Solar energy? Pffft. I could run all the tech in my house for the next 20 years on this past week at work alone.
Solar energy? Pffft. I could run all the tech in my house for the next 20 years on this past week at work alone.
Welp. The long weekend is over and the work week is looming. God help us all.
Did you ever have one of those days where everything at work is going just great and then, at the very tail-end of your day, when you think you’re safe, it just goes to hell?
Things are moving steadily along all morning and then you hit that personal high round about late afternoon when you realize hey, I’m getting everything on my to do list done! I am on a roll! This is an awesome way to start the week!
And then, just when it’s about time to go home, the office gremlin (à la Twilight Zone) says: No! We will create an unsolvable problem for you to solve that must be solved before you leave!
Well, I mean, it is Monday…
Ah, the world of Zoom. It is as mysterious as it is straightforward. An app I had never before used in my life has now become a word I use on a daily basis. And, as it goes in all aspects of life, Zoom features the good, the bad, and the… interesting.
I have to say, Zoom is a great platform for remote meetings, webinars, and training. It’s also become a useful and unexpected tool for keeping in touch with family and friends. We see people on the screen who we’ve just chatted with over the phone, who we used to see every day in the office, and who we wish we could catch up with over face-to-face coffee.
And for some reason, the remote platform of video-calls seems to accentuate all the quirks in our friends, colleagues, and acquaintances. In the closed environment of the office, where we used to spend seemingly countless hours, we got to know our co-workers as the ones who were loud-chewers, frequent break-takers, or early birds.
With Zoom, we get to know our co-workers in a more personal way from the comfort of our — and their — homes. Just as typing from behind a screen provides some level of anonymity, a meeting via Zoom seems to give the participants a certain level of comfort that allows eccentricities to shine.
There’s always the one who uses the quintessential Zoom feature of an artificial background. And companies (like Disney, Fox, and Nintendo to name a few) cater to these green screen loving individuals with custom Zoom backgrounds from iconic movies, video games, and TV shows. Now you know who in the office is a die-hard Game of Thrones, Bob’s Burgers, or Frozen fan.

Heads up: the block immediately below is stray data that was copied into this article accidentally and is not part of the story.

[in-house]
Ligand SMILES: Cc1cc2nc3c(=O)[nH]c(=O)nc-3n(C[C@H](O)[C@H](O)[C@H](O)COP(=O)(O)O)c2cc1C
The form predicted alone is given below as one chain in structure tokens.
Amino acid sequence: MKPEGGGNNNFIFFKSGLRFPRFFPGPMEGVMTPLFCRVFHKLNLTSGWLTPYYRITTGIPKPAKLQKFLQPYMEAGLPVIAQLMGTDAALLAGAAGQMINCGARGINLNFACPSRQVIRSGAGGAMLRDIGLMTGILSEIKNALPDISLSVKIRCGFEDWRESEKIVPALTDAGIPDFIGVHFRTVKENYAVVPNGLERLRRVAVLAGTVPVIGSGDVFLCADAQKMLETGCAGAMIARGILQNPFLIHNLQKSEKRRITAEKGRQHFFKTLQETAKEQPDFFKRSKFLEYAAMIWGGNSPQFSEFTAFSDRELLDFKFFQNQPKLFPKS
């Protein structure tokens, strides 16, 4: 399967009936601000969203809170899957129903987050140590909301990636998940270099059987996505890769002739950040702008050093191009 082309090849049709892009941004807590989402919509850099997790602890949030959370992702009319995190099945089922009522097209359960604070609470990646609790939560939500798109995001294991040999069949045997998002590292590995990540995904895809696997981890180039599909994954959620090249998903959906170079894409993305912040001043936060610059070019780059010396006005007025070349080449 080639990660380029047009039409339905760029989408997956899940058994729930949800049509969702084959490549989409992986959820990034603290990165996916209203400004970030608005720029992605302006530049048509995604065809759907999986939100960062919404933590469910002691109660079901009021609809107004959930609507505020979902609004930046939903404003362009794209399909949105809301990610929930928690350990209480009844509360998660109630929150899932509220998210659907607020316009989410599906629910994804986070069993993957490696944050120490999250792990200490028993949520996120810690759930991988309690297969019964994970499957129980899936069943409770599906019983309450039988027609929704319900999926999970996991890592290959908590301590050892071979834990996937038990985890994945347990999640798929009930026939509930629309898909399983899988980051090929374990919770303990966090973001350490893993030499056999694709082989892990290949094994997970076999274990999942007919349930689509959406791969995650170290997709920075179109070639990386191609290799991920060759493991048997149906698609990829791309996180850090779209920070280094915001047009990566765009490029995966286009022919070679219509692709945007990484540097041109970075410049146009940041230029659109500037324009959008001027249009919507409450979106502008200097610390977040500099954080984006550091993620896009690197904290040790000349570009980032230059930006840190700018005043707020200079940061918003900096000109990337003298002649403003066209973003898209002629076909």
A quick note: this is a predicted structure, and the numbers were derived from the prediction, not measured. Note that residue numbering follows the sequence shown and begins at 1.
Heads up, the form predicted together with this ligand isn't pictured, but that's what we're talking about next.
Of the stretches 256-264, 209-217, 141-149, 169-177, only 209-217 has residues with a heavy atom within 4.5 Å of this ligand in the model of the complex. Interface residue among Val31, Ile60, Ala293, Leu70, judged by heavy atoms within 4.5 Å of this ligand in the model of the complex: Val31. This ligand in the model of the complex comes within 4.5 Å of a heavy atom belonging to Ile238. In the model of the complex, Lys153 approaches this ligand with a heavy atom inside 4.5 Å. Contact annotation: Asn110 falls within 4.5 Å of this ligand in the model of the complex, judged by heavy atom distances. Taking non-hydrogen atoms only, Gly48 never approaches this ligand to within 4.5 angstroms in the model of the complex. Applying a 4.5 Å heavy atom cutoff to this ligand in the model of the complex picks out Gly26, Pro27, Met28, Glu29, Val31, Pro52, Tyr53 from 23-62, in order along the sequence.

There are the ones who fall asleep. The one who left their mic on and is snoring audibly to an unappreciative audience. The one who wakes up *gracefully*.
There are the foodies. The one who eats chips (again, with the mic on). The messy one. If you thought loud chewers in the office were annoying, try listening to it on surround-sound. Oh, and there’s no looking away from the view either when their camera is set six inches from their face. Lovely.
There’s the one who takes the floor and talks the whole meeting even though they’re not the scheduled presenter. The one who arrives with a 500-page PowerPoint, ready to share every last excruciating detail.
And then, there are the yellers. Just today, I had a Zoom meeting. Suddenly, one attendee turned away from their camera to yell at someone the rest of us couldn’t see. They yelled “I’M ON THE PHONE!” to the person who was apparently trying to talk to them, as well as our entire meeting. We’re all still sporting headaches from the ungodly volume of their voice.
Yelling on Zoom calls should be outlawed. And for that matter, being the loud talker on the remote session is not a desirable trait. One loud member, and everyone has to turn down the volume on the whole meeting.
But is it better to be silent than loud? There’s always that one person who keeps their mic and camera off, leaving the rest of us wondering if they’re even attending the meeting at all. Are they paying attention… or off playing golf? We may never know.
Maybe they’re too embarrassed to reveal that they — like many other people — didn’t bother to get dressed for work again. In the beginning, as we navigated the world of remote work, we kept up with our professional, business-casual digs. Now, we’re lucky to see brushed hair and shaved faces.
As time goes on, more and more People of Zoom decide that it’s adequate to show up in pajamas or gym clothes with bed head, sweaty clothes, and unruly facial hair. I mean, hey, they showed up, right? And at least we can’t smell them through our computers.
While the People of Zoom show their peculiarities in full swing, providing cringe-worthy views and disagreeable noises, the Pets of Zoom are something I always look forward to.
The true VIP of any meeting is the cat or dog that wanders into view. Feline friends who feel the need to sit directly on the keyboard or dangerously close to the camera are a wonderful distraction for observers, and in my book, furry friends are always welcome — in the office or the Zoom call. No matter what the call is about, a good doggo or floofy cat makes everything better. If Zoom were exclusively for watching pets, I might feel a bit differently about the whole thing.